There is such an area - the West African Transform Margin, and there is such a field: the 2 billion barrel Jubilee light oilfield off the coast of Ghana.  The area in the last 5 years has clocked an incredible 65% success rate in discovery drilling into completely virgin territory!

The discovery of the Jubilee field in 2007 – the largest offshore oil discovery in West Africa over the last decade – kicked off a new era for Ghana’s energy sector. It broke a record for a major offshore oil development, achieving oil extraction within only three and a half years.

British operator, Tullow Oil (LSE: TLW.L) succeeded in ramping up production on such an impressive timeline, producing 120,000 bpd pretty much right away.

The Jubilee discovery also sparked a massive staking rush and tons of industry spending in the area from the biggest names in the business. Between Ghana, Cote D'Ivoire, Senegal, Sierra Leone and Liberia, a veritable who's who list of mid-sized, major, and super majors has appeared:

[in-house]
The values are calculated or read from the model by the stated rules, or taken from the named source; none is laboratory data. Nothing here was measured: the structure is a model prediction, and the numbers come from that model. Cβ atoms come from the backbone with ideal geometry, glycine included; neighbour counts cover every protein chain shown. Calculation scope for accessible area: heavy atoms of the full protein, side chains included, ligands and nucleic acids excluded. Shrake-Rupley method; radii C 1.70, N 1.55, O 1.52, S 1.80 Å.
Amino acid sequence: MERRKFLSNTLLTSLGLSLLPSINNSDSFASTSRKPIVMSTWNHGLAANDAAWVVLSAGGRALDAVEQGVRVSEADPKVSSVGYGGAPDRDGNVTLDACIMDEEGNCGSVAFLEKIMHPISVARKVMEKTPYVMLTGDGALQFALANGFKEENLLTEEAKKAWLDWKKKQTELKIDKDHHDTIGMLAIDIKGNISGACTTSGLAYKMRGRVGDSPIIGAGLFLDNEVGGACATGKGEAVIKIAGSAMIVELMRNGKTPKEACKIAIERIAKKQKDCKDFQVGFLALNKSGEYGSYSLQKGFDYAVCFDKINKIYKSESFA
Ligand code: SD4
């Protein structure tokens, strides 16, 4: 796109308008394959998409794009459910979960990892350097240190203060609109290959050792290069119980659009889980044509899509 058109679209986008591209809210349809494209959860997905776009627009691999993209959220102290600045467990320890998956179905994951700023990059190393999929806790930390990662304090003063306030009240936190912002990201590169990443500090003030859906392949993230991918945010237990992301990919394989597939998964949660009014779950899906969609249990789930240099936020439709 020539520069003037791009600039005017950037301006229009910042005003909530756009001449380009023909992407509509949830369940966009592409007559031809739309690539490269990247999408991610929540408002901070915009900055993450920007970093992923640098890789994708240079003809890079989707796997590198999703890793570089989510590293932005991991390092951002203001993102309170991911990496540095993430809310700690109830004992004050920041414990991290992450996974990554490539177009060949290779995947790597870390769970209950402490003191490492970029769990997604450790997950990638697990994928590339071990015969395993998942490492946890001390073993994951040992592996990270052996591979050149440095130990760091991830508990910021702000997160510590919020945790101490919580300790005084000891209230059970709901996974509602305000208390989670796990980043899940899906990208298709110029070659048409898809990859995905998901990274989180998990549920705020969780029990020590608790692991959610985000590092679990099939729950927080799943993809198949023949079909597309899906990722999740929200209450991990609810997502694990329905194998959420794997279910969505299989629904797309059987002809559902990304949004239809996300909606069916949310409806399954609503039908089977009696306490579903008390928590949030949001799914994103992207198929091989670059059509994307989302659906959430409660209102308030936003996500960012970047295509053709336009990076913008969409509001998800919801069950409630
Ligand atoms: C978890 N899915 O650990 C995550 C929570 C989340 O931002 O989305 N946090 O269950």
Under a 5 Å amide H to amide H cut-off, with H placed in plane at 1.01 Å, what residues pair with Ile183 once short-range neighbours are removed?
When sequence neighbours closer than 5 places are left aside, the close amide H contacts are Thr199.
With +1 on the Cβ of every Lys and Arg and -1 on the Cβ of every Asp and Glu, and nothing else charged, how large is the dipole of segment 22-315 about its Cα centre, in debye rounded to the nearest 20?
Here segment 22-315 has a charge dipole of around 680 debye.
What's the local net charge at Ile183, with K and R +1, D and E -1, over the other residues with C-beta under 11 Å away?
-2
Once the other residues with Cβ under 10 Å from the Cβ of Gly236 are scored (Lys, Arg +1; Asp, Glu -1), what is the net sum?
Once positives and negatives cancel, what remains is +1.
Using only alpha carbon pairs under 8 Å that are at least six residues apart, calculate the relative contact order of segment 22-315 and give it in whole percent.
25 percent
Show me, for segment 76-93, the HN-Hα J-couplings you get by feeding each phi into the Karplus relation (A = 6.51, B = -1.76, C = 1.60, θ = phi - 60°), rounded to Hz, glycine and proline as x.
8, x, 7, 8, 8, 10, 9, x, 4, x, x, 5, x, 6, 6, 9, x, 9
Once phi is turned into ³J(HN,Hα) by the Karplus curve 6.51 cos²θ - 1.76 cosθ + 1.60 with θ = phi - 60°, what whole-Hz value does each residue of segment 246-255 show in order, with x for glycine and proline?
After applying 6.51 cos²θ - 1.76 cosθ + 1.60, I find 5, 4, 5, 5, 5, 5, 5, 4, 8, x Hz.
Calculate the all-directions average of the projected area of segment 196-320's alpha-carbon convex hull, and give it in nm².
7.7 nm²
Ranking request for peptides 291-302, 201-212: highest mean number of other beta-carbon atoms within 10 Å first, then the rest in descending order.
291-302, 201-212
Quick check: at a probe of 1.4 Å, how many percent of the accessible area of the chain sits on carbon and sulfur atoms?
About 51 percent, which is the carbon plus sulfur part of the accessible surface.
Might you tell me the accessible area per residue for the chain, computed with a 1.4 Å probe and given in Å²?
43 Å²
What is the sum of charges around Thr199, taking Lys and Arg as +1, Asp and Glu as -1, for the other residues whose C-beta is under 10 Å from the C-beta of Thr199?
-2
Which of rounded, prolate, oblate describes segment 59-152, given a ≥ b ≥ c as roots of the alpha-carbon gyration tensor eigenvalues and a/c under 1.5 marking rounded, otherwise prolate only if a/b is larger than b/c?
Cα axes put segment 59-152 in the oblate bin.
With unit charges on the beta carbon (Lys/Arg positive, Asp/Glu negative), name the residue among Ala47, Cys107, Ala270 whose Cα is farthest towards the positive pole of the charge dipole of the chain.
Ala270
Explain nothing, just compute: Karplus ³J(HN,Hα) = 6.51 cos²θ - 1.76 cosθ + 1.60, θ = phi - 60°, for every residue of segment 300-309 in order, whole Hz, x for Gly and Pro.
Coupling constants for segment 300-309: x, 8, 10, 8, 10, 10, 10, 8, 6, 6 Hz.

Canadian Natural

Of all of the above noted players and nations, Ghana remains home to the biggest and the best of which is Jubilee.

Tullow Oil mentioned above, is a British multinational with operations in two dozen countries, but whose production largely comes from a few African nations. It is the main player in the Jubilee field and has successfully lifted production in short order. Its partners include Kosmos Energy (NYSE: KOS), Anadarko Petroleum (NYSE: APC), along with GNPC. Tullow plans to invest a staggering $4.5 billion to develop a second block adjacent to Jubilee, the Tweneboa/Enyera/Ntomme (TEN), with production coming online in 2016.

Italian oil giant Eni (BIT: ENI) has also recently had success nearby. It successfully drilled an exploratory well in its Sankofa block, in the Tano basin, only a few miles from Jubilee. Eni believes that the field holds an estimated 150 million barrels of recoverable oil.

Hess Corporation (NYSE: HES) has drilled seven successful wells and is gearing up for production. It has a 90% interest in its holdings in the Tano basin, and plans on investing a fresh $550 million in exploration this year, of which Ghana is the top priority.

These rather big oil players are positioning themselves to take advantage of Ghana’s coming oil boom. Their holdings in Ghana’s offshore blocks, which have already proven to be productive, offer some good options for investors. With a high drilling success rate, these companies have room to grow. But, as an investor, these large players are so diversified that it is hard to make huge returns from Ghana’s burgeoning oil sector by putting your money into them.